Presocratics Opened A Period Of Creative Thinking To Which
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Presocratics opened a period of creative thinking to which succeeded a period of skeptical reflection. It is with the Sophists that this era of the critical reflection started. They were paid teachers in the ancient Greece who moved from city to city according to people demand. They developed some theories that were criticized, especially by Socrates (470 BC). One of their big differences concerns the essence of Truth. Whereas Socrates endeavored to find true and universal definitions of virtues such as justice; The sophists, on the contrary, maintained that "truth" is relative, believing that all opinions are valid, since they all reflect in their own way a complex and peculiar set of what is lived; for the sophists that the truth does…show more content… Killing an innocent man is wrong, killing a killer is good. This assumption is based on the sophists’ practice of reducing the truth to what is, persuaded that appearance hides nothing.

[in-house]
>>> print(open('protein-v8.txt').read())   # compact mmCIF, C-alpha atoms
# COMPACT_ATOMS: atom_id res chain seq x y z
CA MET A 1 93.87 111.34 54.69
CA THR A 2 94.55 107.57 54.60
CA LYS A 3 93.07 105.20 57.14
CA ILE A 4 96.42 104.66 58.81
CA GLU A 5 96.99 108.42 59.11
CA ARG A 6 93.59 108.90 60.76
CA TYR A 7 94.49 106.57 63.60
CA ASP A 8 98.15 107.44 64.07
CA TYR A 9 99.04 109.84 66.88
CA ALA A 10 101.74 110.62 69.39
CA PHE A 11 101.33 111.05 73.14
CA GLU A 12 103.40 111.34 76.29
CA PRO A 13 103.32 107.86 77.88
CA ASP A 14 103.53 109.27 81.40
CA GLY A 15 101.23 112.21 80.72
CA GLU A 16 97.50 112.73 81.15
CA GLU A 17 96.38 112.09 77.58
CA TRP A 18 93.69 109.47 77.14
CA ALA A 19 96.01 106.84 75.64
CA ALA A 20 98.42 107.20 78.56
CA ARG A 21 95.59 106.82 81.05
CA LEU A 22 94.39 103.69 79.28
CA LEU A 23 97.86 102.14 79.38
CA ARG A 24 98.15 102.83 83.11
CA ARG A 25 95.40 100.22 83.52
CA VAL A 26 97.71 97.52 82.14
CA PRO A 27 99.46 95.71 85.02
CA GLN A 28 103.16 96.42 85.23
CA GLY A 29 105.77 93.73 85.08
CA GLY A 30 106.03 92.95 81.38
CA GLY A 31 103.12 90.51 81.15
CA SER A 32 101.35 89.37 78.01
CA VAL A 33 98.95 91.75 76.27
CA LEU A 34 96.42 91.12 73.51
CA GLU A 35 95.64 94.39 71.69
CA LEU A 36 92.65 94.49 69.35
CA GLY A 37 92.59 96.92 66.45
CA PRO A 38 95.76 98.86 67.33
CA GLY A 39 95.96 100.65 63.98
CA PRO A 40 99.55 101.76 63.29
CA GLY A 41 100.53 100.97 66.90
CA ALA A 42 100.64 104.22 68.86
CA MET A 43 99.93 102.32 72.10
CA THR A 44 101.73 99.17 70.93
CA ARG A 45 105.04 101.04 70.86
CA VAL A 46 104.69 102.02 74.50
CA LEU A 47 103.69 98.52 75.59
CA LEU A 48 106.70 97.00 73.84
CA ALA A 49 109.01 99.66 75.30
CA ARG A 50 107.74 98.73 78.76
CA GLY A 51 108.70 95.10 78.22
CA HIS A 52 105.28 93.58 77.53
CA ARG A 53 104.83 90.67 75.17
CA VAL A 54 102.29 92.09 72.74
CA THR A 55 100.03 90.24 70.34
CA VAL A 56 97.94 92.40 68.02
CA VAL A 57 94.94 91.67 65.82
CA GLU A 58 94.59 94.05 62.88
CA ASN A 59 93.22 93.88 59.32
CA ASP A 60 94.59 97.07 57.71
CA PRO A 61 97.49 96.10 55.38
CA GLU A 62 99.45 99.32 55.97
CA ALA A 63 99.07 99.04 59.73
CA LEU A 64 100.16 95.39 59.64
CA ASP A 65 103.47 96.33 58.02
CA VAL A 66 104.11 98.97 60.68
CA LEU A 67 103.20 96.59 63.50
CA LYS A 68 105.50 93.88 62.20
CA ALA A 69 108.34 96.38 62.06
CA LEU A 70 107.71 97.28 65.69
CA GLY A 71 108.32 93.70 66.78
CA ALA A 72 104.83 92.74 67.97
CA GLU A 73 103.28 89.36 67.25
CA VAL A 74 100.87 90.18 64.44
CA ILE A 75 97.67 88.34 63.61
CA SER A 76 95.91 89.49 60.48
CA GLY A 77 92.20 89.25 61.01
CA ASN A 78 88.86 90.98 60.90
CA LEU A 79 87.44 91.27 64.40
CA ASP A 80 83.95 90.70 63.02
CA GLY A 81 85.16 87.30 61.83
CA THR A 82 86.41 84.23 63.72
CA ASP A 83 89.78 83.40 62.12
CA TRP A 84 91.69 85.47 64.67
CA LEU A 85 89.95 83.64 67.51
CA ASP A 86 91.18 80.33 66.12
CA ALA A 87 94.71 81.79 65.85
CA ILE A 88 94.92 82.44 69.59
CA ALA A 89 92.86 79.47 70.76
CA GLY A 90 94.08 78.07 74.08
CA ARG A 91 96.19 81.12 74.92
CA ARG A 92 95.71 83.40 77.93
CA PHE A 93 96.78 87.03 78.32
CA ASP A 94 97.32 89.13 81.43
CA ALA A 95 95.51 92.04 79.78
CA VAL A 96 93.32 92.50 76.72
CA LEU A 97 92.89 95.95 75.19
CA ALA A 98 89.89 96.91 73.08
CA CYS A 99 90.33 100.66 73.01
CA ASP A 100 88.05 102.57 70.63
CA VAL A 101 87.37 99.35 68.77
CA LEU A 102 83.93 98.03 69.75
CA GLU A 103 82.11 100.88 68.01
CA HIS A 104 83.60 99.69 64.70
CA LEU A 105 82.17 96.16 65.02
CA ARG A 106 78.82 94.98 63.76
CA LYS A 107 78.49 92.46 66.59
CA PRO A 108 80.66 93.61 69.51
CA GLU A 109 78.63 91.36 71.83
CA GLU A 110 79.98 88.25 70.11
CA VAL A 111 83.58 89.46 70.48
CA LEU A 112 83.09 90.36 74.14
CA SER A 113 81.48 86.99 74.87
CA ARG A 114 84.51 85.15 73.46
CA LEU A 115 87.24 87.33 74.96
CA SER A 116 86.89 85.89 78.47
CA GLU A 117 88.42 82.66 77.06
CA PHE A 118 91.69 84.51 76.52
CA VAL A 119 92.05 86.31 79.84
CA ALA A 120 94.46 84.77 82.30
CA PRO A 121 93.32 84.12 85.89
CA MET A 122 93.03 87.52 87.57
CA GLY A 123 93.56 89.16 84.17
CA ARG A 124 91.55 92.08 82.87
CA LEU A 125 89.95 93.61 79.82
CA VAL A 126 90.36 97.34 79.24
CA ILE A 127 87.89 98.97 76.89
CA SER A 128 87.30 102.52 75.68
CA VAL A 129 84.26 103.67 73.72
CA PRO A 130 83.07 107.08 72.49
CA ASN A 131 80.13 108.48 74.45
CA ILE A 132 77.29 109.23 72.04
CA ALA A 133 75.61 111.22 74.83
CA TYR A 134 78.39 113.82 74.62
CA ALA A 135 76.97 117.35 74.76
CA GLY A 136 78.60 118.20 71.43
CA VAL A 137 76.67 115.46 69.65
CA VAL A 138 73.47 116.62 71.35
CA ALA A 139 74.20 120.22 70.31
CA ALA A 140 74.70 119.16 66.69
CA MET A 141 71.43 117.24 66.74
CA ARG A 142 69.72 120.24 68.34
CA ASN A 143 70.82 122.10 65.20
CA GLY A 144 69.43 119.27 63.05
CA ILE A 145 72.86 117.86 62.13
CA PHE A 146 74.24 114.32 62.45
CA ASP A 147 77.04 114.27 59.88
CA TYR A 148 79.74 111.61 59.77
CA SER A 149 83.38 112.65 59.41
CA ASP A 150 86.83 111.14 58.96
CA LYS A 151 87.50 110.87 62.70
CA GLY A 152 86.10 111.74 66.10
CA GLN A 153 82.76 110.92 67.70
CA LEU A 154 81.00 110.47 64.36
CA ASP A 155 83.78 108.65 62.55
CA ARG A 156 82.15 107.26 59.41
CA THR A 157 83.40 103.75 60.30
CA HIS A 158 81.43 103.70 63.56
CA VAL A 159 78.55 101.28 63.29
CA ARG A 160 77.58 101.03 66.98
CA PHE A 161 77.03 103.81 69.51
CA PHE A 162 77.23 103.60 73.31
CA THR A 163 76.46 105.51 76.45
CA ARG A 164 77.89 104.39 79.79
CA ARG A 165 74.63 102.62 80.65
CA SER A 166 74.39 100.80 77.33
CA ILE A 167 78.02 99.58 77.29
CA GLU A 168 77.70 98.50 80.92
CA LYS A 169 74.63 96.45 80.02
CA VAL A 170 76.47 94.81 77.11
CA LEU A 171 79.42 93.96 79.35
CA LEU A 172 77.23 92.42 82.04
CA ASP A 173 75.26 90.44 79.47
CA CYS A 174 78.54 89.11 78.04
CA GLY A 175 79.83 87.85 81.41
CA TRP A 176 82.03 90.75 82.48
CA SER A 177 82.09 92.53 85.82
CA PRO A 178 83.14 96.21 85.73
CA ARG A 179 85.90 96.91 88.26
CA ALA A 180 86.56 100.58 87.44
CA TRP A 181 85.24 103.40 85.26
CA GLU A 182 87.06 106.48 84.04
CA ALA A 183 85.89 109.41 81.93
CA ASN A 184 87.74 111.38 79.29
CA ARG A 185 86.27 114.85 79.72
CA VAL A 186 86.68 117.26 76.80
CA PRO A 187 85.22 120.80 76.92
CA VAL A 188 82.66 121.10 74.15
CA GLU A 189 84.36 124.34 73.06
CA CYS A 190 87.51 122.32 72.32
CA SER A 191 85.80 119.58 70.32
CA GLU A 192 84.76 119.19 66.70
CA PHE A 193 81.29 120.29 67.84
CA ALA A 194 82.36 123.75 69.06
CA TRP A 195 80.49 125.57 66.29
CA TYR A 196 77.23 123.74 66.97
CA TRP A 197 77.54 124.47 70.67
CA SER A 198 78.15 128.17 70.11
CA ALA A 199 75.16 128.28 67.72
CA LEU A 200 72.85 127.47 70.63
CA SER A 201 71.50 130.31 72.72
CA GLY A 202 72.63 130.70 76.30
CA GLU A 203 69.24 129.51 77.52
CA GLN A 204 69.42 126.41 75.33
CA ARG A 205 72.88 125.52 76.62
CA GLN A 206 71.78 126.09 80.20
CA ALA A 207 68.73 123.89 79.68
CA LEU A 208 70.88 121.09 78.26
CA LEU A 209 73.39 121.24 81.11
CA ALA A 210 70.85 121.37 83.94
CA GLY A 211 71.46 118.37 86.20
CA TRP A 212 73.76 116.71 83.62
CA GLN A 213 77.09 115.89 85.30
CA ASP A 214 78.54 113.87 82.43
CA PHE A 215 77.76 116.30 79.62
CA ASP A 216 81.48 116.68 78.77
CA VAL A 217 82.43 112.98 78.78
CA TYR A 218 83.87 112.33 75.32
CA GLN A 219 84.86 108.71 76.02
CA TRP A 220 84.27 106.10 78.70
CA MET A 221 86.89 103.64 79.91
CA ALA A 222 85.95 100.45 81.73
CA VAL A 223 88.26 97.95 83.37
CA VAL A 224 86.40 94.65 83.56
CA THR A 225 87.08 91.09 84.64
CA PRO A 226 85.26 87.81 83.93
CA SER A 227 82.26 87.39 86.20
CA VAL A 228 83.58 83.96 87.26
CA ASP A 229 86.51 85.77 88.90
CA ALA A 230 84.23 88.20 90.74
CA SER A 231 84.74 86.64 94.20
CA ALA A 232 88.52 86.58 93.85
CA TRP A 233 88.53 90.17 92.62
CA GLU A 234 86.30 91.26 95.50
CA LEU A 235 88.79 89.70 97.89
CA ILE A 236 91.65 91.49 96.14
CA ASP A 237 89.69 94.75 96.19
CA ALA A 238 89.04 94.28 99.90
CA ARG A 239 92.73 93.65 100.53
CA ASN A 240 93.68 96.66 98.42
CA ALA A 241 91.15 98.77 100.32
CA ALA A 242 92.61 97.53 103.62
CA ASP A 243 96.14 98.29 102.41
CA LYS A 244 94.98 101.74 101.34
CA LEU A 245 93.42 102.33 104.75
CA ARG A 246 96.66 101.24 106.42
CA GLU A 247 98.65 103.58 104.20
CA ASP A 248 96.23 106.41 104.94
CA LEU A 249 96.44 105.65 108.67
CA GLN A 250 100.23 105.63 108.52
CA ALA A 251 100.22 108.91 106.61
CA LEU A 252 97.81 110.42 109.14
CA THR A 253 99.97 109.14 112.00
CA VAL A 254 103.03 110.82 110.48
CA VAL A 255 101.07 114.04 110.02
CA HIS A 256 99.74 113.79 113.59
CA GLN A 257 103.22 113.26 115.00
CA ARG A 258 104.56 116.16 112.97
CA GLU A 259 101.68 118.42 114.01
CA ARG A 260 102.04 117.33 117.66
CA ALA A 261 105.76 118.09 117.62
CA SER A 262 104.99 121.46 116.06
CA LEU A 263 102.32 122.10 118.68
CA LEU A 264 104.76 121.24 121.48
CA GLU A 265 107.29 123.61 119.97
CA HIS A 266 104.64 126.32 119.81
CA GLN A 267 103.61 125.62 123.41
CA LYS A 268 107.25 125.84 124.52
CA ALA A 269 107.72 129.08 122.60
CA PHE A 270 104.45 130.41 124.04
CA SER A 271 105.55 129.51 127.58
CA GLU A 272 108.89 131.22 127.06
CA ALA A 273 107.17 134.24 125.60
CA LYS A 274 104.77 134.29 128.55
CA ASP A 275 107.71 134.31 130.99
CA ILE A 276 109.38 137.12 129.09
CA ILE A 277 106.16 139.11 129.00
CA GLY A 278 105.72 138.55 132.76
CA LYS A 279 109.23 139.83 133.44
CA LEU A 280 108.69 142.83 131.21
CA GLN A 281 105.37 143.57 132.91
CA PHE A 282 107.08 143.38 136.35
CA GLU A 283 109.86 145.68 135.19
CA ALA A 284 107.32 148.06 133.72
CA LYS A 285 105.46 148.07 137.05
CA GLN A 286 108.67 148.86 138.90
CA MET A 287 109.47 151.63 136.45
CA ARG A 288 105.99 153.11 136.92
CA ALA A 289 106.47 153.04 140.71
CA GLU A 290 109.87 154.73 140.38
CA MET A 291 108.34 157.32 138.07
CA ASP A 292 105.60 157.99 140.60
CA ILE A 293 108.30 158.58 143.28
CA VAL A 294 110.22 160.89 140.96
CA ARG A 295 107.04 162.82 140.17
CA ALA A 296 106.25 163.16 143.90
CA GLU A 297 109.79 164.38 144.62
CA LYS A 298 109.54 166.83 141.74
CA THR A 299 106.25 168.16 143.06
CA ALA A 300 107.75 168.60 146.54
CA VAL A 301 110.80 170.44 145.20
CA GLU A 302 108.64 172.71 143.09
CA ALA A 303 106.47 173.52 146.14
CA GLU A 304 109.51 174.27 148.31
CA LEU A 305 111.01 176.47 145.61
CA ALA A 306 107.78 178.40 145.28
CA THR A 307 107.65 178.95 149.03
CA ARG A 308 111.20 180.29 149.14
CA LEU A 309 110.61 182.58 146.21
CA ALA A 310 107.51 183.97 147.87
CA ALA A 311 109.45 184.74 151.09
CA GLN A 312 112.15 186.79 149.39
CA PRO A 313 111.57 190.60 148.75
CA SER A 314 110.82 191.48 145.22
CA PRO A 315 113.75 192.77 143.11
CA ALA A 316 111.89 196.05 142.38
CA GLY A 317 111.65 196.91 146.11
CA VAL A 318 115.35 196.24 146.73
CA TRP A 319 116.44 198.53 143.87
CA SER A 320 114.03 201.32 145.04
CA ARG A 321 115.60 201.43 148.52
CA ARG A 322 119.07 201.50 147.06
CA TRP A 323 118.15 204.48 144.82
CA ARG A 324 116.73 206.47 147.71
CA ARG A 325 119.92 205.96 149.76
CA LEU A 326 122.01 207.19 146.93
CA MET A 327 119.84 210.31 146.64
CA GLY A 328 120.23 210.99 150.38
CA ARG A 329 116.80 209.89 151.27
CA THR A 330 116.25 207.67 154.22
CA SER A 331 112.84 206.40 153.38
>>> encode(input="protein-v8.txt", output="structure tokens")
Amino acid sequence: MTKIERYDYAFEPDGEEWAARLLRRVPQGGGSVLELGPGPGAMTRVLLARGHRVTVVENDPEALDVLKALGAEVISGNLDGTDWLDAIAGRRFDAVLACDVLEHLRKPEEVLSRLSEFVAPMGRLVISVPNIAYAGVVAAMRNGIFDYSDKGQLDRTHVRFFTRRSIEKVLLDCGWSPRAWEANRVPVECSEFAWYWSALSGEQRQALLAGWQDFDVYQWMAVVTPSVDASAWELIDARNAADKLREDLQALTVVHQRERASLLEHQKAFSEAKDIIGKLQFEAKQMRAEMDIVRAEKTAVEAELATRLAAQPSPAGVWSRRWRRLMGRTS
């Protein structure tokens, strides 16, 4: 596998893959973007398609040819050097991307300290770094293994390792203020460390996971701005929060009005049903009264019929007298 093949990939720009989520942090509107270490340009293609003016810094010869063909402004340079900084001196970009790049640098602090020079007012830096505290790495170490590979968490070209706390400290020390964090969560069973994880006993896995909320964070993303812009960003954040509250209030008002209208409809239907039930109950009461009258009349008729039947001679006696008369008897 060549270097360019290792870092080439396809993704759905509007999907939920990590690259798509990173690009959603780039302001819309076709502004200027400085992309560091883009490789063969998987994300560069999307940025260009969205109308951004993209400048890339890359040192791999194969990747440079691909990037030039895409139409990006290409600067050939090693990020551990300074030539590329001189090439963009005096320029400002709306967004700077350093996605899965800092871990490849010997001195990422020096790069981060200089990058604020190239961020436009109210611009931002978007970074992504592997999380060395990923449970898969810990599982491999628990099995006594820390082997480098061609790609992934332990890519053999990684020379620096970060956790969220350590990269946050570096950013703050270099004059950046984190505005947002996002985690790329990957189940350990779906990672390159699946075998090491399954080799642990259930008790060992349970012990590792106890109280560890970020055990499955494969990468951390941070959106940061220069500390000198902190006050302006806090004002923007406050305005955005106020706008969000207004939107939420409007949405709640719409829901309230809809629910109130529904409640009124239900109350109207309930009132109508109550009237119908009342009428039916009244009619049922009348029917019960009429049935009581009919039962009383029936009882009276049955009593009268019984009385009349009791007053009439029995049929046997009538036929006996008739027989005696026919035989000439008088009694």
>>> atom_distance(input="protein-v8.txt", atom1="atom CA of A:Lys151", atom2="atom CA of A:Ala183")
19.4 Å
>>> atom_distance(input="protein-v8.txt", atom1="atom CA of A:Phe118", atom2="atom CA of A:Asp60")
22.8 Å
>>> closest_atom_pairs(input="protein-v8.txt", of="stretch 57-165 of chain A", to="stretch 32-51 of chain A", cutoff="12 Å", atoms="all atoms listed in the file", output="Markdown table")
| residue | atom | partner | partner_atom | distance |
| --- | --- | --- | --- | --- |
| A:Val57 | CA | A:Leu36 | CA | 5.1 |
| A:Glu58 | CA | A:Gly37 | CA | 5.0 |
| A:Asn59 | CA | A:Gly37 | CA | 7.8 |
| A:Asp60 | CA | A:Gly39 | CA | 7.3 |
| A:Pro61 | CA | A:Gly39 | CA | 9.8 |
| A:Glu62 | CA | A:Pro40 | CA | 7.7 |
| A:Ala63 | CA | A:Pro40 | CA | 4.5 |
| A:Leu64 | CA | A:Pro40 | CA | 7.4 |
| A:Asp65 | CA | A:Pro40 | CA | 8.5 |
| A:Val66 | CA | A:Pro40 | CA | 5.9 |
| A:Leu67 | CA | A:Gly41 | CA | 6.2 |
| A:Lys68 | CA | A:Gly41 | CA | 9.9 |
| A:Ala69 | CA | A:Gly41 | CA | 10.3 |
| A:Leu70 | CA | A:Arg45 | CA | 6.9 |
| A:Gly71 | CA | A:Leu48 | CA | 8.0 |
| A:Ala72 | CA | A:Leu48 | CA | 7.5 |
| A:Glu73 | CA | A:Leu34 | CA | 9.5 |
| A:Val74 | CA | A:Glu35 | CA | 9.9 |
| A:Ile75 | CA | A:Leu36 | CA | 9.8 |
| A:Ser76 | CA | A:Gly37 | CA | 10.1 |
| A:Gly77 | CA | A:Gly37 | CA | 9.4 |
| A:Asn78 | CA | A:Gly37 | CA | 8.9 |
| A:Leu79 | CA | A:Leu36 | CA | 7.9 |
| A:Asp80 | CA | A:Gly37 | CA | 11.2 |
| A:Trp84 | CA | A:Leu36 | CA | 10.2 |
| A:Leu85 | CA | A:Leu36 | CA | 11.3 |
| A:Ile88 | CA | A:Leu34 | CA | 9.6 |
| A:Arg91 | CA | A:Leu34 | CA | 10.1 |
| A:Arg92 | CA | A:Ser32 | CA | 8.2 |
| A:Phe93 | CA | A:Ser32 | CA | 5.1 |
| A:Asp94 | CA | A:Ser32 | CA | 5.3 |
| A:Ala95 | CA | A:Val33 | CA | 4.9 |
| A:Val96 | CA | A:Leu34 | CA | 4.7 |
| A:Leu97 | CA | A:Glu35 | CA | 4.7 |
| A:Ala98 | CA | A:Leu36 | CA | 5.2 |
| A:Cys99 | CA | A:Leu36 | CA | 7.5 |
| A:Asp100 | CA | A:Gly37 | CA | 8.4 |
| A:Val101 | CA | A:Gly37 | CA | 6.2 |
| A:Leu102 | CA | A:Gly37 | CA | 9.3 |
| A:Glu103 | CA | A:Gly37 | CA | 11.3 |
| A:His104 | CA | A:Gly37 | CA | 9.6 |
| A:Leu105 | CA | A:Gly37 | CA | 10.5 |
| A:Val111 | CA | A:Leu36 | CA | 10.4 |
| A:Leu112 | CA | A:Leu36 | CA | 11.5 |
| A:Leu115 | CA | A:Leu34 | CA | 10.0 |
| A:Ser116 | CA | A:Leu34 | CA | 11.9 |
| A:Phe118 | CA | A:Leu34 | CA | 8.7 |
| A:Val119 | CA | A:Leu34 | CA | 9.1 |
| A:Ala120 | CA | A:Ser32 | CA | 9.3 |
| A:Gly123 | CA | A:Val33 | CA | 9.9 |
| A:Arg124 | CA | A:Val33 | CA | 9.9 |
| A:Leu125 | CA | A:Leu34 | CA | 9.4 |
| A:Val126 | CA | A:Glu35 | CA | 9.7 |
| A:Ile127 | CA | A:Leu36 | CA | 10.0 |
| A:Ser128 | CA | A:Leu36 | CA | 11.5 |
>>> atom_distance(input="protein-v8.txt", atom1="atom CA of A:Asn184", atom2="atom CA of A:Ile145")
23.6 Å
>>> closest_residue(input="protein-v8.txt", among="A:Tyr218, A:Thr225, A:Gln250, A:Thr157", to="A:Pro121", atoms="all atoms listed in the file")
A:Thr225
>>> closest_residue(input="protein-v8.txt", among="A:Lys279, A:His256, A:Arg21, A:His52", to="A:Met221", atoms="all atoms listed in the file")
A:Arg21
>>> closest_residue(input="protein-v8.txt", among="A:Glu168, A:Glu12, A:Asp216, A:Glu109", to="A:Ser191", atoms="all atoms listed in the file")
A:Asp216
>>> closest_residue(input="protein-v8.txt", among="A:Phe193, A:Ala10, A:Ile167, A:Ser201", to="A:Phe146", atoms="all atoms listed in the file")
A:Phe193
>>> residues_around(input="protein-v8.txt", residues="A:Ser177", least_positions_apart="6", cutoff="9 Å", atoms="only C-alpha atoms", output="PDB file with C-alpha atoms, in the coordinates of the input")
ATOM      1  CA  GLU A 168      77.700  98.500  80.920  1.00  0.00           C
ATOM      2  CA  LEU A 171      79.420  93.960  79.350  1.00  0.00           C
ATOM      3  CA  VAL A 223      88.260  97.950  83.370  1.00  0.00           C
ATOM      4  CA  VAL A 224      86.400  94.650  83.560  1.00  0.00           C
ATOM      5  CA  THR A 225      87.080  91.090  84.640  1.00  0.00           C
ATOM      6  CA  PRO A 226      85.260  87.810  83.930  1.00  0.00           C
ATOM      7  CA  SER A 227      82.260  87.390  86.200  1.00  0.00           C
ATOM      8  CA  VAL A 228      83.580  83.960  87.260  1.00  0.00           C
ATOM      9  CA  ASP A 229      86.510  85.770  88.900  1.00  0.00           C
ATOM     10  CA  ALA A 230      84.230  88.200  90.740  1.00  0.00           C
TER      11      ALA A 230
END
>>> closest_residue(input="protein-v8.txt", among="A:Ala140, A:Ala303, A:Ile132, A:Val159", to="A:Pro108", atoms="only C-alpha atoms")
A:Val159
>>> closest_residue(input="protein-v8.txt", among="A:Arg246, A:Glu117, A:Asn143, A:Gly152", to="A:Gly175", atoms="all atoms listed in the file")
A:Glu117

The Sophists, from the nihilism of Gorgias to the pessimism of Protagoras, will trigger an intellectual revolution. The ideas emitted by them shaken certainties like traditional moral and religious values which will create doubt in people’s mind starting with Socrates.
Socrates is a philosopher like no other. It is the symbol of Western philosophy. He holds the exceptional place of the founder of philosophical ethics, even though it is very hard to create an actual and error-free biography of Socrates since he left no writing. We reach Socrates only indirectly by Plato, Xenophon, and Aristophanes. Yet he represents such a revolution that all the others before him are called Presocratics. Almost all the later philosophical systems – no matter how divergent they may be – refer to him. According to Plato, Socrates stood up against the Sophists ' excesses. He tirelessly denounced the inconsistencies and foolishness of common opinion, provoked those who posed as promoters of thought; sophists. He was not fond of the way they used rhetoric. “For Socrates, on the other hand, the arts of communication, argument, and persuasion have a different goal. His practice of them is designed not to win a victory over his opponent but to advance toward the truth.” (65). Socrates